• Text size Normal size text | Increase text size by 10% | Increase text size by 20% | Increase text size by 30%

UNHCR helps Congolese refugees return from Mozambique

News Stories, 12 June 2007

© UNHCR/M.Fernandes
Two young refugees from the Democratic Republic of the Congo board an aircraft in Mozambique as the UN refugee agency begins to repatriate Congolese refugees from the country's only refugee camp.

NAMPULA, Mozambique, June 12 (UNHCR) The UN refugee agency has begun an airlift to repatriate refugees to the Democratic Republic of the Congo (DRC) from Mozambique.

A chartered Hawker Siddeley 748 aircraft left Nampula, near the refugee camp of Maratane in the north of Mozambique, with 58 refugees soon after dawn on Monday and repeated the mission on Tuesday with a further 54 refugees.

Because of problems in arranging landing clearance in DRC, the refugees were flown to Kigoma in Tanzania, where they were scheduled to embark Tuesday afternoon on a ship crossing Lake Tanganyika to the refugees' homeland. UNHCR had already been using the ship to repatriate Congolese refugees returning from Tanzania.

Discussions were under way to permit direct flights to DRC for about 170 additional Congolese refugees who have requested to return home from Maratane Camp.

"I am overjoyed that the registered refugees are finally able to return," said UNHCR Representative in Mozambique Victoria Akyeampong. "I hope this movement will encourage others in the camp to also register for voluntary repatriation. DRC needs her people to rebuild its economy and society."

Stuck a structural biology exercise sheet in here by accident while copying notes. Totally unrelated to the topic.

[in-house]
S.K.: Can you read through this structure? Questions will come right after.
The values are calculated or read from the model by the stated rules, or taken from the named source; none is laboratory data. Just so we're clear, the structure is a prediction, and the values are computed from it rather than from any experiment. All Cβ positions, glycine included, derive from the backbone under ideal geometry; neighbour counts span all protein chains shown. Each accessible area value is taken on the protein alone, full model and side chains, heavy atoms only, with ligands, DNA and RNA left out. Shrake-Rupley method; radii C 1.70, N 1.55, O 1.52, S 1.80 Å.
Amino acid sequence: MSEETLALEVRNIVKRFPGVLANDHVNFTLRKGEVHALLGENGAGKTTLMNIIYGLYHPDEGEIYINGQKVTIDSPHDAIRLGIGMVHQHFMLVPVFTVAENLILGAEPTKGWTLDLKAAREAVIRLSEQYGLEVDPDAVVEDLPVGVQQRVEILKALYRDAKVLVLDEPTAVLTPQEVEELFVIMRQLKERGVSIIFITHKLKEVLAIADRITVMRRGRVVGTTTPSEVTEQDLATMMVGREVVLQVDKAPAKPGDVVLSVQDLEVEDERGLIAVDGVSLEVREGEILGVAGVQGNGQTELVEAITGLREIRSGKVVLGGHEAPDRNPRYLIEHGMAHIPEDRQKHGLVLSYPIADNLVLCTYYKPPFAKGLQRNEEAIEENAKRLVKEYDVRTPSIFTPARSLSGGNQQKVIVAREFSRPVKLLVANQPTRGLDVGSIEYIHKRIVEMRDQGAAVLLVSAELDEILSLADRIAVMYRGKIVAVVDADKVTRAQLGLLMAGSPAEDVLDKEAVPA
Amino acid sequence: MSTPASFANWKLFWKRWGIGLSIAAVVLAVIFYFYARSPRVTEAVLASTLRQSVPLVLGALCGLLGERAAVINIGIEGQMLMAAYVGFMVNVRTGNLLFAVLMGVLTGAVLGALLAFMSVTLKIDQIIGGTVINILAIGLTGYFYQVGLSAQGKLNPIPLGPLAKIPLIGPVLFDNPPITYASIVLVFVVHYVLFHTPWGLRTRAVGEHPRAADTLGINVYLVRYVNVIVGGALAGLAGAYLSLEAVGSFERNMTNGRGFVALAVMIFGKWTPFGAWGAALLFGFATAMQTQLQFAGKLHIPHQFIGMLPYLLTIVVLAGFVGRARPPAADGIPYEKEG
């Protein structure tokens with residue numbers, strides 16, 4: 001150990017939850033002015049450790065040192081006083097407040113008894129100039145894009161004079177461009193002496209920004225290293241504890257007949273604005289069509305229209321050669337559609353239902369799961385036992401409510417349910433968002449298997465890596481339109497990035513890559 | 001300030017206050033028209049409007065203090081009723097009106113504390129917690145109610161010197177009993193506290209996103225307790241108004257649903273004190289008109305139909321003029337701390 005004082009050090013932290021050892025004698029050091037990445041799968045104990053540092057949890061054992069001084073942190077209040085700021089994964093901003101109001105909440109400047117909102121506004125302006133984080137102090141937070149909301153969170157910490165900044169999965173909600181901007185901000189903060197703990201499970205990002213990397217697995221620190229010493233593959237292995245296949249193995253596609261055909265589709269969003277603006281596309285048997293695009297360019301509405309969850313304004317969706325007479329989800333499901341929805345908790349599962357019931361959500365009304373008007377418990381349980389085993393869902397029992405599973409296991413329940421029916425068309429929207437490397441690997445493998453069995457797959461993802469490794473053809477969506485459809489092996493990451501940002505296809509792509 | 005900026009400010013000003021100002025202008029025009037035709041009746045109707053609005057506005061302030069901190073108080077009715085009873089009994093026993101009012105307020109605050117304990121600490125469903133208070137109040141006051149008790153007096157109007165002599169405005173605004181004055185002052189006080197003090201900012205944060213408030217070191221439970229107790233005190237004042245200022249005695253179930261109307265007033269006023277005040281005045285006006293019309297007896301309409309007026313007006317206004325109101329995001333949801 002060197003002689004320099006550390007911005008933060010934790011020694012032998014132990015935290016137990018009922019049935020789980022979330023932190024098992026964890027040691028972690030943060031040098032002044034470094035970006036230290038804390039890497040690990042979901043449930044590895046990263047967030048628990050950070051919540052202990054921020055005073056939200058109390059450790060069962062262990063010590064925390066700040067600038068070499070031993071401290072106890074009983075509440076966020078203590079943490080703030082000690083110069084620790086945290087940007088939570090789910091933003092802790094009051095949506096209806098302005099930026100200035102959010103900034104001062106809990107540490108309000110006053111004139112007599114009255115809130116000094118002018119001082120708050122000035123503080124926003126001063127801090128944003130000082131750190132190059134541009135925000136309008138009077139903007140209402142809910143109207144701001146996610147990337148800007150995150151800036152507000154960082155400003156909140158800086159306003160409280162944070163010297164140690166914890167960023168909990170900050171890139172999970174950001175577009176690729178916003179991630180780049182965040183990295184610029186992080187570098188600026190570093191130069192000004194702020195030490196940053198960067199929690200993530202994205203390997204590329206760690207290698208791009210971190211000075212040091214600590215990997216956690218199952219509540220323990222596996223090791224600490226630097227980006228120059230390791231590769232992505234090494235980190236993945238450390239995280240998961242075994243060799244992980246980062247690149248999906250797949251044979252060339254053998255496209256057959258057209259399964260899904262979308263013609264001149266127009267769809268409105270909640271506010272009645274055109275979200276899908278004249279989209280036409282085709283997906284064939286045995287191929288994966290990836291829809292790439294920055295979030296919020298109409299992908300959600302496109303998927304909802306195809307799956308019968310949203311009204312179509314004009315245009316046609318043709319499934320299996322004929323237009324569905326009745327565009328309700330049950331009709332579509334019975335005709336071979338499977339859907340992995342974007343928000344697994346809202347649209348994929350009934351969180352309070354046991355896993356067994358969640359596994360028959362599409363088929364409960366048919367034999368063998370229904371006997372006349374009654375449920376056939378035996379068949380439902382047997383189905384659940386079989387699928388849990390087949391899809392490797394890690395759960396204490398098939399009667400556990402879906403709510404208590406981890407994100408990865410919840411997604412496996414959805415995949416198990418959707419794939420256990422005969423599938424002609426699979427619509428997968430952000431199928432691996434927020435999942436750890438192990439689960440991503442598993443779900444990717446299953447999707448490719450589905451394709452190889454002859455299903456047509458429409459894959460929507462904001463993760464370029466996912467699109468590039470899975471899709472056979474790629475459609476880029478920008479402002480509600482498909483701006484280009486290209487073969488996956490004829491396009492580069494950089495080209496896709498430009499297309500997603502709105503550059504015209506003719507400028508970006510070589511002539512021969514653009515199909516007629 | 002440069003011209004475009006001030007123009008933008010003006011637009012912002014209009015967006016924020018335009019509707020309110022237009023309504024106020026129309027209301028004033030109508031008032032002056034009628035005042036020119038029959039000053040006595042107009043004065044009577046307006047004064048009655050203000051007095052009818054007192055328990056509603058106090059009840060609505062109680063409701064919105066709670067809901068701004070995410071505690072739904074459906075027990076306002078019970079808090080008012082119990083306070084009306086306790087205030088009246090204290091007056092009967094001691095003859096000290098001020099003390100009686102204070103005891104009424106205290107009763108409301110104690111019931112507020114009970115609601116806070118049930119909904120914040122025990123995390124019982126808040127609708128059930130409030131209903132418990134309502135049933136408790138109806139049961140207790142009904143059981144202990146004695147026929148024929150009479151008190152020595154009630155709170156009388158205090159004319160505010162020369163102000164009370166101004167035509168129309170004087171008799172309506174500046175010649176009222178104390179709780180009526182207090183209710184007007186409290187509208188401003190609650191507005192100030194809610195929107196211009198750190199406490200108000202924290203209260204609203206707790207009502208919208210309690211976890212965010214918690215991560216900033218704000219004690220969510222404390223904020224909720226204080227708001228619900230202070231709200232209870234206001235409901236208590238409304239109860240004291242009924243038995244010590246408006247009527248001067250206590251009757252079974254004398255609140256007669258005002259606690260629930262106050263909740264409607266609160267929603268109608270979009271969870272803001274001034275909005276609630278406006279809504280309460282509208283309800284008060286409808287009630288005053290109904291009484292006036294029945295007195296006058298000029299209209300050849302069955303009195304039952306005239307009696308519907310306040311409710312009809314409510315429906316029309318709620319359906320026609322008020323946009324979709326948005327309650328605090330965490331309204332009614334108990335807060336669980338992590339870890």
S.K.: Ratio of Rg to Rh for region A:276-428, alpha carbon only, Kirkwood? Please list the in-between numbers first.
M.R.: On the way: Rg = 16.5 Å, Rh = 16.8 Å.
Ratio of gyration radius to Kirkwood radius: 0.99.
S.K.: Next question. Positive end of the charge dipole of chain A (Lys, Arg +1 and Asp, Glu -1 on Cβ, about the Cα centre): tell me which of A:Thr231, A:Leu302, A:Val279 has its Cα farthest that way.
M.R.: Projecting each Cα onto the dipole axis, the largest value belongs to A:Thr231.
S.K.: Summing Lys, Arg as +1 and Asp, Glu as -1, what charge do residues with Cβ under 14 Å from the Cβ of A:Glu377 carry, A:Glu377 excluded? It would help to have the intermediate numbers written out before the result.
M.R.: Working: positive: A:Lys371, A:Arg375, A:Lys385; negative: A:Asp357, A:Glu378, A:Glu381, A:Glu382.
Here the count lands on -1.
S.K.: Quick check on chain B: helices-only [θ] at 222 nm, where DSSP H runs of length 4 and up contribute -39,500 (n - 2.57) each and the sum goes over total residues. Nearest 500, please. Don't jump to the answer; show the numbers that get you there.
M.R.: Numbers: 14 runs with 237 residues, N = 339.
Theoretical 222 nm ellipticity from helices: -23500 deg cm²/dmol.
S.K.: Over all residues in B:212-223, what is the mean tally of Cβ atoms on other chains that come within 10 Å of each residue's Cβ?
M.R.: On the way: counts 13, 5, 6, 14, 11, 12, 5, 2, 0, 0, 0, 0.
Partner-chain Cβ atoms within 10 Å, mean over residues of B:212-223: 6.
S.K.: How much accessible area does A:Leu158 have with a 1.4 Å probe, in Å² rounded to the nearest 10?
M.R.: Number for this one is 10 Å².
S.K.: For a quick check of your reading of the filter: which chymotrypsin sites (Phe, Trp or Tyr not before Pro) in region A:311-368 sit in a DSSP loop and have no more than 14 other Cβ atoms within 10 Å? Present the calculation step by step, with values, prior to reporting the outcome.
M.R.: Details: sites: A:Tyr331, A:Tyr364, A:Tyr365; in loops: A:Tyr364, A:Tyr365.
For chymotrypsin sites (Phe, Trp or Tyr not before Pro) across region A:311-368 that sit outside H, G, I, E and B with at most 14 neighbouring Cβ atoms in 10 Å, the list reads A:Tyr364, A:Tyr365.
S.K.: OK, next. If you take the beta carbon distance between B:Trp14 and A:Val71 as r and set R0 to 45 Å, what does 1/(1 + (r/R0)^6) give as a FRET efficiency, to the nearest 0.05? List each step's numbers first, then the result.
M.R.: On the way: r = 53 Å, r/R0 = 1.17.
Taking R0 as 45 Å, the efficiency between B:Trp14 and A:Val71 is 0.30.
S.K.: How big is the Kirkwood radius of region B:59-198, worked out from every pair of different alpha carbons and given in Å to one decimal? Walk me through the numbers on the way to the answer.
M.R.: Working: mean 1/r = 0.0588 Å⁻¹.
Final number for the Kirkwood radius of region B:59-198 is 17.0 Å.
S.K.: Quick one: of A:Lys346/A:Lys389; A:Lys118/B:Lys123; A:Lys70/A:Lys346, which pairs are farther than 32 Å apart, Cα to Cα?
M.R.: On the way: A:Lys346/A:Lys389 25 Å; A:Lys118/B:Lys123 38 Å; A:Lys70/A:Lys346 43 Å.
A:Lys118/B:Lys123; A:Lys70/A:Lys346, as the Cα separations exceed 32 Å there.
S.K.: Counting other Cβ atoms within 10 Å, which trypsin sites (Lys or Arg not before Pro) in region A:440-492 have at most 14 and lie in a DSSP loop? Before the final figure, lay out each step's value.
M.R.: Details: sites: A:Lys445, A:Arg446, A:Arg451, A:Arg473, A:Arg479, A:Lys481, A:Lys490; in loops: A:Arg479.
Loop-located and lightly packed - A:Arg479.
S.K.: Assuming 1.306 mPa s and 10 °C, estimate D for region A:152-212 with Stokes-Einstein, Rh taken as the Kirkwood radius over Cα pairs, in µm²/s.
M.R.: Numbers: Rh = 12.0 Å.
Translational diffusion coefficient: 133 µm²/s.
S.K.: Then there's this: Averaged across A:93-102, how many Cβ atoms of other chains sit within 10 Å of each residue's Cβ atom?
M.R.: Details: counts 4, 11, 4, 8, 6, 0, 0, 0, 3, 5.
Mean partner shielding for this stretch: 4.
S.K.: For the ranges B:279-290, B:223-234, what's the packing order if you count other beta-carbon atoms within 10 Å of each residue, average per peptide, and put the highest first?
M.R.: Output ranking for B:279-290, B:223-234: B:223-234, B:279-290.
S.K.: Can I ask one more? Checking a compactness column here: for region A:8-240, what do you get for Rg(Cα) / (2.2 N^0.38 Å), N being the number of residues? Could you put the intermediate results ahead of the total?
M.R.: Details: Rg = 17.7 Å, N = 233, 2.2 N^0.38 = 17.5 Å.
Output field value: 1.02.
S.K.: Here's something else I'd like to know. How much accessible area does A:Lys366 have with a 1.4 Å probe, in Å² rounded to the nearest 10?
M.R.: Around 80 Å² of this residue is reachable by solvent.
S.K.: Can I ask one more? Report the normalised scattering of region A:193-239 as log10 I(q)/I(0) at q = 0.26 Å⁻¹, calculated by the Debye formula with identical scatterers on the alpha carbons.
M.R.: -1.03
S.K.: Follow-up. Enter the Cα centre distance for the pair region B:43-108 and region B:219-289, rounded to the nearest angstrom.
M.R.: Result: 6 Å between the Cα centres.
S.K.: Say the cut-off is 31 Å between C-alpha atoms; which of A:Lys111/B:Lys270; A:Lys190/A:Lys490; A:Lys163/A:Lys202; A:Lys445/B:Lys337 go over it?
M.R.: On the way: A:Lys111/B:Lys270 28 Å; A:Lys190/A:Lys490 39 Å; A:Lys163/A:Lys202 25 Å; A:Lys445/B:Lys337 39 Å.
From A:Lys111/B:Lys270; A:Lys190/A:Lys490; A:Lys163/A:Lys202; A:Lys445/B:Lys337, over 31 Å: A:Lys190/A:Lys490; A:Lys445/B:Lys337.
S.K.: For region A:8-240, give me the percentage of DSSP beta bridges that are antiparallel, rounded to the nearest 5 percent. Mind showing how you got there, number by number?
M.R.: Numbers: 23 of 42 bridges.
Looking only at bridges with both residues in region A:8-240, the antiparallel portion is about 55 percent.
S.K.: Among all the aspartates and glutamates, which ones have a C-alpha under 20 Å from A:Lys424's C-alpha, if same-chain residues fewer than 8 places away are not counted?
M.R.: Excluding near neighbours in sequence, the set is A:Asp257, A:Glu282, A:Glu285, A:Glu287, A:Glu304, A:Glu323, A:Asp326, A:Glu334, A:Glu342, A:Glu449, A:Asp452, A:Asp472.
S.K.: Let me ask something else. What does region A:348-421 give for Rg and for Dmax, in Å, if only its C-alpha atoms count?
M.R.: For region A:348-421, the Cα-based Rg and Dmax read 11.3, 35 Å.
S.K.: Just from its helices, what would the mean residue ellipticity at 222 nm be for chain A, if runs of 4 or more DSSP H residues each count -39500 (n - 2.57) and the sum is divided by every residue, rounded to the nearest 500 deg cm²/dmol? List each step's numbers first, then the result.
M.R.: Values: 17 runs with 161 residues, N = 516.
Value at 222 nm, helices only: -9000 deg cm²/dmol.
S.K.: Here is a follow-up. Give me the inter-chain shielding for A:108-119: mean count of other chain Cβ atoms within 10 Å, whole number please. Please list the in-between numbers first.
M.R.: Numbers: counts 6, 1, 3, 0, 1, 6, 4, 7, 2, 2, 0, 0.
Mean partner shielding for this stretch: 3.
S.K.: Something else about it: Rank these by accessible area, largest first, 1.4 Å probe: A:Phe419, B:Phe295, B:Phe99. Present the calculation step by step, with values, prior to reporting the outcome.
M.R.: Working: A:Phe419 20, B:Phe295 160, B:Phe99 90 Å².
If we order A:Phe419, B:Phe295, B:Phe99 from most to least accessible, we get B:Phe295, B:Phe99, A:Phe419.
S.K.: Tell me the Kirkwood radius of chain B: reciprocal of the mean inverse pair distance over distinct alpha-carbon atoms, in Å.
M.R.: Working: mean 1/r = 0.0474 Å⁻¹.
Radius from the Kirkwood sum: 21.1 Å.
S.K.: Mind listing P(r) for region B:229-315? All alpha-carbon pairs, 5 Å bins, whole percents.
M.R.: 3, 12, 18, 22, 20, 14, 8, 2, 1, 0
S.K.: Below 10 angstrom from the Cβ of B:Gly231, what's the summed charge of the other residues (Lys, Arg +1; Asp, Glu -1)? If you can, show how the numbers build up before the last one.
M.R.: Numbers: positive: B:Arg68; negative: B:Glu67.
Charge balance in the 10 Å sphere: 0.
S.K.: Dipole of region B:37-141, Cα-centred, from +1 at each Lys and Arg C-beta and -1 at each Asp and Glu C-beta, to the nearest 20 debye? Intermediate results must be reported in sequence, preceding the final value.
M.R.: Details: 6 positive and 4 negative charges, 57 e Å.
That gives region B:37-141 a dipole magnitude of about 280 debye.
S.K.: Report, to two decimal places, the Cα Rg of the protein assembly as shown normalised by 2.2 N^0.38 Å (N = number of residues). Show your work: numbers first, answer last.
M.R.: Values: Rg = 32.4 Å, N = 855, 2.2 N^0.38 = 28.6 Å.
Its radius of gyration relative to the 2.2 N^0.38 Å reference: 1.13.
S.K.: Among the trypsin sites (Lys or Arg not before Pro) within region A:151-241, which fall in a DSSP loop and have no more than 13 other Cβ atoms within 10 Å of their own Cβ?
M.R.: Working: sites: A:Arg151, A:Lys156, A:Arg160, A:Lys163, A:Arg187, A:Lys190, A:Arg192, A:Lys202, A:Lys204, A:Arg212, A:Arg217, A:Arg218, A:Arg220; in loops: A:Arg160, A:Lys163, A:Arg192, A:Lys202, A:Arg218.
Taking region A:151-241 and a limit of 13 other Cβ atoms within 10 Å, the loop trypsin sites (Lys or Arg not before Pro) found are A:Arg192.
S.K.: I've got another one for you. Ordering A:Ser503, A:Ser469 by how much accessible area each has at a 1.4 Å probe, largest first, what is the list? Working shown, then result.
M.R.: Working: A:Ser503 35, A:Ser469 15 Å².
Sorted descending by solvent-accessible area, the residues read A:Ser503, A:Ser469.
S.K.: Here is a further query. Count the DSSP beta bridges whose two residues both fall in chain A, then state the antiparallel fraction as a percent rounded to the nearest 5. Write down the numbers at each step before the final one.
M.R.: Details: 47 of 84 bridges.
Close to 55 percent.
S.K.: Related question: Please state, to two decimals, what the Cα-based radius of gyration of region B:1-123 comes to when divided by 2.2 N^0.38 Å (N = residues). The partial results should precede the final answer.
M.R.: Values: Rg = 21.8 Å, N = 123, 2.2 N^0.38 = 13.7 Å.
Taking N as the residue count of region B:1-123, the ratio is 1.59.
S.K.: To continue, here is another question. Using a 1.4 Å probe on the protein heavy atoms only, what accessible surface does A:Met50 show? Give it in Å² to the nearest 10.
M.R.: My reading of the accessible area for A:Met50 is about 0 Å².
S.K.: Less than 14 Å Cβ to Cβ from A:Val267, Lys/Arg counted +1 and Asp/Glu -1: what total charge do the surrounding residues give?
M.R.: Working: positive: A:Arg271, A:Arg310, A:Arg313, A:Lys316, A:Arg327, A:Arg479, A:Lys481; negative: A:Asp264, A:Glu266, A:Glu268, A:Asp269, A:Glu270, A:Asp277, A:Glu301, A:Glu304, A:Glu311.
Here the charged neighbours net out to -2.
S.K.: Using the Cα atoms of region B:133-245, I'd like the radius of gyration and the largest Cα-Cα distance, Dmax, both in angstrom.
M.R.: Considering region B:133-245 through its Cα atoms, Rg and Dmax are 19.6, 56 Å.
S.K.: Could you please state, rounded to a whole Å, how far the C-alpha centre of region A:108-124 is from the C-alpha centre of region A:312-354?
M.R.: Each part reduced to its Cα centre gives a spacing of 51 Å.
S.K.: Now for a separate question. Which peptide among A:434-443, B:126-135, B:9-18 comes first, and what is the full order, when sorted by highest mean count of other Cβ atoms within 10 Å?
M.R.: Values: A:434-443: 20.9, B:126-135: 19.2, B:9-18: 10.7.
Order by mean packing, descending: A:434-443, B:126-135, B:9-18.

The repatriation was organized by UNHCR and the International Organization for Migration (IOM) with the cooperation of the various governments involved. The refugees were accompanied by UNHCR and IOM staff.

The refugees, who had asked three months ago to repatriate to DRC, left Maratane by bus at about four in the morning and took off from Nampula airport after dawn. Most refugees asking to repatriate were going home to Uvira, Fizi and Baraka in the South Kivu region, with a few returning to the Katanga region.

The Congolese comprise about 3,500 out of the total refugee camp population of some 5,000 in Mozambique. Maratane, the only refugee camp in Mozambique, was opened in 2001. Most of the refugees are from the Great Lakes region.

As part of UNHCR's search for durable solutions for refugees, the office in Mozambique will continue to facilitate the voluntary repatriation of refugees wishing to return to their countries.




DR Congo Crisis: Urgent Appeal

Intense fighting has forced more than 64,000 Congolese to flee the country in recent months.

Donate to this crisis

Batalimo to Batanga and Beyond: Congolese Return Home from CAR

Over the past month, almost 6,300 refugees from the Democratic Republic of the Congo (DRC) have left the Batalimo camp in the troubled Central African Republic and returned voluntarily to their homes in Equateur province. Their decision to go back is a further sign of the gravity of the situation in Central African Republic, where escalated violence since December has left hundreds of thousands internally displaced and forced almost 350,000 to flee to neighbouring countries. The refugees at Batalimo were among some 20,000 Congolese who had fled to the Central African Republic to escape inter-ethnic conflict back home. The return operation from Batalimo had been postponed several times for security and logistical reasons, but on April 10 the first convoy headed across the Oubangui River. The last arrived in the DRC on May 10. The UN refugee agency organized transportation of the refugees from Batalimo to the Central African Republic riverside town of Zinga, where they boarded boats for the crossing to Batanga or Libenge in Equateur province. In Batanga, the returnees were registered, provided with documentation and given a cash grant to help them reintegrate. They were then transported to their villages, where they will be monitored. Photographer Leonora Baumann followed one group back to the DRC.